• Transform magazine
  • May 21, 2019

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Revolution and the history of brand

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They led revolutions, started things, made people think differently, changed the world...and now their visages are rarely seen outside the context of an ironic t-shirt. Mao, Che Guevara, Lenin: not necessarily the ‘good guys’ in the political sense in the west, but revolutionaries all.

That’s the thing with brand, the ‘Like me: Our bond with brands’ exhibit points out, a simple, powerful idea can become more than what it originally represented. More and more people build an emotional tie to that idea until it becomes a brand.

Then there are the consumer brands that take a product, build a story around it and encourage an emotional connection to that product, lifestyle or emotion. In 1876, Bass Ale became the first trademarked corporate brand. In 2015, brand has never been more important.

Lee Coomber, creative director at Lippincott, which developed the exhibit at the Design Museum in London for last week’s Design Week, says it was a good time for the exhibit as it intends to, “Try and broaden people’s appreciation of brand. The normal understanding of it is as a corporate tool of marketing, when the reality is it’s been something that’s been with us from the beginning.” The exhibit recounts the history of branding and corporate branding and shows the connection people make with those brands.

Coomber notes that this relationship is important because people give brands their power, but also have the power to take it away. This is why the Che Guevara example is particularly interesting. The popularisation of his once-revolutionary image has seeped some of its potency, its outrageousness.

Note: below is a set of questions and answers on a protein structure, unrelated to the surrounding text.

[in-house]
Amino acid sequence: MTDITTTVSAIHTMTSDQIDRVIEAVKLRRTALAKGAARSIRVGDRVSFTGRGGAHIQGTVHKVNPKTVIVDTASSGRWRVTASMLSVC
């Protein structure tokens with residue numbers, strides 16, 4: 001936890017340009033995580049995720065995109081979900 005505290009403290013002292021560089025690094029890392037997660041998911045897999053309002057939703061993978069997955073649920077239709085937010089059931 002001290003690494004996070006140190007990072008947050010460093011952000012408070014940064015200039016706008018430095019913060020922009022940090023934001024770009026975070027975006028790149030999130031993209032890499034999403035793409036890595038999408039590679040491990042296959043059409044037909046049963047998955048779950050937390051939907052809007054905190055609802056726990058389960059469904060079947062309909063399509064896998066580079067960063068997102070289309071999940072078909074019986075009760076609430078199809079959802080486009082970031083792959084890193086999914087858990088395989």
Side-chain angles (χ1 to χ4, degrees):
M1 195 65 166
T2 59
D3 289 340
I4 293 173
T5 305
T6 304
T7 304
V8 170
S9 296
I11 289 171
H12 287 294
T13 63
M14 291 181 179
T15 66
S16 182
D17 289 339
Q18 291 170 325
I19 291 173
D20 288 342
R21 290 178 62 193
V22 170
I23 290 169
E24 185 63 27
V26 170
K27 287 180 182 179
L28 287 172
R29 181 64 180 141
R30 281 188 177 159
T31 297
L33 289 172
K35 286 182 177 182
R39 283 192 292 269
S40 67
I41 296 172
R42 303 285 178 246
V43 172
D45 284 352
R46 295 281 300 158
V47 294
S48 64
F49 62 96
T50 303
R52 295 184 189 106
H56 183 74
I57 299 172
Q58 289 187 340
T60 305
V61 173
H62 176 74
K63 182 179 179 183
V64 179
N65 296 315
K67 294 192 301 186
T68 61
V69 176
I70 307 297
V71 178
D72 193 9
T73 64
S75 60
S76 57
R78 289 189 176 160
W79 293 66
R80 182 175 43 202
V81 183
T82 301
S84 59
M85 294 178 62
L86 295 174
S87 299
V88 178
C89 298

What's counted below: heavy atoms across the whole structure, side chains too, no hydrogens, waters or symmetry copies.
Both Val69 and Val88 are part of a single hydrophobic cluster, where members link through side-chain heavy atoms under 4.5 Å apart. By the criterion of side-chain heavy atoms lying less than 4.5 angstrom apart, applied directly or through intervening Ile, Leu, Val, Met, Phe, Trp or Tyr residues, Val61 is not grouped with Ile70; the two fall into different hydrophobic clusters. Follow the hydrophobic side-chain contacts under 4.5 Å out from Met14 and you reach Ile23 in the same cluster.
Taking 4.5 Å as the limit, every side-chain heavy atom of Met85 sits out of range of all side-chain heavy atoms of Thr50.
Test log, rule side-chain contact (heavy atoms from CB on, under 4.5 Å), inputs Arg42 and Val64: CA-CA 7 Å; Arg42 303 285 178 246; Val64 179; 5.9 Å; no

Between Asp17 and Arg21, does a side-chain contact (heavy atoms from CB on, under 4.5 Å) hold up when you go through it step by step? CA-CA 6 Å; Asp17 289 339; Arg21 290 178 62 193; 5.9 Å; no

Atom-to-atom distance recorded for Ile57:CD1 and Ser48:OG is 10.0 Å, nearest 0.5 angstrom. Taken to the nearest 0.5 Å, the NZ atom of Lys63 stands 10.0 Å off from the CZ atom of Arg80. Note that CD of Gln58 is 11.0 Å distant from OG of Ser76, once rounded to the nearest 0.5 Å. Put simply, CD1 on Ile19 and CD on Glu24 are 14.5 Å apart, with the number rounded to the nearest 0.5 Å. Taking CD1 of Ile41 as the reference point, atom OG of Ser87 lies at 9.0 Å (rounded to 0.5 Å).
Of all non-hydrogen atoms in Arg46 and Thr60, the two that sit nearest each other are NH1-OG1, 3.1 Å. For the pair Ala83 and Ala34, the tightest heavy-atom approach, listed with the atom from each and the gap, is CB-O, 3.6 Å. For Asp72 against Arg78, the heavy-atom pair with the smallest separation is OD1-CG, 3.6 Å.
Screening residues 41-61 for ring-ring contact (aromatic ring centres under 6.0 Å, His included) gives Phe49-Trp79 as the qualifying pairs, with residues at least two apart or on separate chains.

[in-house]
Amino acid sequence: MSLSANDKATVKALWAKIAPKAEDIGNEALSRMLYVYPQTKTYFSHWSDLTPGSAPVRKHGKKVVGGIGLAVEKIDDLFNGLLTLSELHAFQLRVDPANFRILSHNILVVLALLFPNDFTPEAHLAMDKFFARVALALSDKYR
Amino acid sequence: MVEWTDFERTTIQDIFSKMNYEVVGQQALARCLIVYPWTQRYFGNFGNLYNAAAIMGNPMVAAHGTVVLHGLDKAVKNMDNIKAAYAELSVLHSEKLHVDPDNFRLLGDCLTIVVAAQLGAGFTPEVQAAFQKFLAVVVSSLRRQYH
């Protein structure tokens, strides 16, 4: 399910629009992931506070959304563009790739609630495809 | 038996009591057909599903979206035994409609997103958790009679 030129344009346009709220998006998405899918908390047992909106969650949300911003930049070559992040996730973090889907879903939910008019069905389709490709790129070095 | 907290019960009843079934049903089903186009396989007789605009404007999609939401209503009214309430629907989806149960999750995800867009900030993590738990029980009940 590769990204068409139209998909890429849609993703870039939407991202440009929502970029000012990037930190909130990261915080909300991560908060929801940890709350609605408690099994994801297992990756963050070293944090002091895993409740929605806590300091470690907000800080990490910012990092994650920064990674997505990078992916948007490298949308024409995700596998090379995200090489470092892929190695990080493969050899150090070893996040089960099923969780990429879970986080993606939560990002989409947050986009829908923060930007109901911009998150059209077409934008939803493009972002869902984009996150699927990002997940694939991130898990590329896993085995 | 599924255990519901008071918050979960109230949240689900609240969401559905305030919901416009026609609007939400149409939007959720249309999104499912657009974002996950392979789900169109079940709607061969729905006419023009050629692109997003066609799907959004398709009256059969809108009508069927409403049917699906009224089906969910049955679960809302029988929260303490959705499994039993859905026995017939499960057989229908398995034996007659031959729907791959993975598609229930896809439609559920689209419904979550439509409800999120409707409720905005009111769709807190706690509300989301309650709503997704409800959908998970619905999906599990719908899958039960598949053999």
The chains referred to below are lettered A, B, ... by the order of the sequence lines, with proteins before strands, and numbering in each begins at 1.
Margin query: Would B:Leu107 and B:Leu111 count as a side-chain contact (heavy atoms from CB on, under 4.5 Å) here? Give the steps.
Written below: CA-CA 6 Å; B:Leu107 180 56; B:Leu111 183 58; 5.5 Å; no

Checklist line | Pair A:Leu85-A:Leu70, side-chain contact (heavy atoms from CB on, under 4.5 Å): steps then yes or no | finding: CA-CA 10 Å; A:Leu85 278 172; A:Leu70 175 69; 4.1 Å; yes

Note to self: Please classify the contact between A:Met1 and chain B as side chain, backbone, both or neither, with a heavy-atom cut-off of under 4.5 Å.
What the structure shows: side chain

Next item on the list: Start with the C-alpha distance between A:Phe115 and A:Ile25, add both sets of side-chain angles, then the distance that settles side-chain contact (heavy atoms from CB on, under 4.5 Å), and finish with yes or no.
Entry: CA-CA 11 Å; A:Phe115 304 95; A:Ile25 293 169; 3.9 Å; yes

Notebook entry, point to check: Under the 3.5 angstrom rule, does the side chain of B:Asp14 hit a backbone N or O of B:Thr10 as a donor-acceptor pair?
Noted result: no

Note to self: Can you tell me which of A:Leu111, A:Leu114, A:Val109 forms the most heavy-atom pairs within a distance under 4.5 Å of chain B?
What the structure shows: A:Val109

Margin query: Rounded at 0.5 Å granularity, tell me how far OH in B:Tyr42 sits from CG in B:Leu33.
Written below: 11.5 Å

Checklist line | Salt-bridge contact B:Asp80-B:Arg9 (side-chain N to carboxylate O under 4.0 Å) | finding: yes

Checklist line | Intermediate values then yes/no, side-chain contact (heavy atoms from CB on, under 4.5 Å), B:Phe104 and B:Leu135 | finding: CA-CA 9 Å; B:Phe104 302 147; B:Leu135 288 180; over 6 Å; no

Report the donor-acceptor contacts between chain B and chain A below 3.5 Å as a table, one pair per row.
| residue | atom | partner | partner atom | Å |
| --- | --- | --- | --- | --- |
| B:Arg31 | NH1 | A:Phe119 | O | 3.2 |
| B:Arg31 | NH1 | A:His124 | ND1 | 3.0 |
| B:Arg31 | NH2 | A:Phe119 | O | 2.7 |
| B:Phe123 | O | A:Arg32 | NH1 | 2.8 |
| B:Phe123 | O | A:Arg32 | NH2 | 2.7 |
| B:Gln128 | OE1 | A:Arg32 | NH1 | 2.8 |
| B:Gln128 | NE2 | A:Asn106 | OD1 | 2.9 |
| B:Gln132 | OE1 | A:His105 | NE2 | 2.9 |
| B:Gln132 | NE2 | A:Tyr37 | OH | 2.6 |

The exhibit also touches on the difference between consumer-facing and B2B branding. Coomber says one of the key differences is that B2B companies are primarily concerned with reputation and with the attraction of quality employees.

The relationship between brands and people is fundamental, despite the type of company, though. “We’re in an age now where people expect companies to behave in a particular way. We want them to be more like us,” Coomber says. This is a turning point for branding. Where once it was simply enough to make an icon out of a simple red triangle, now, that triangle has to embody a system of values and personality that can then form an emotional connection with people.

‘Like me’ has been renewed by the Design Museum for a second week and will be on display until Sunday, 4 October.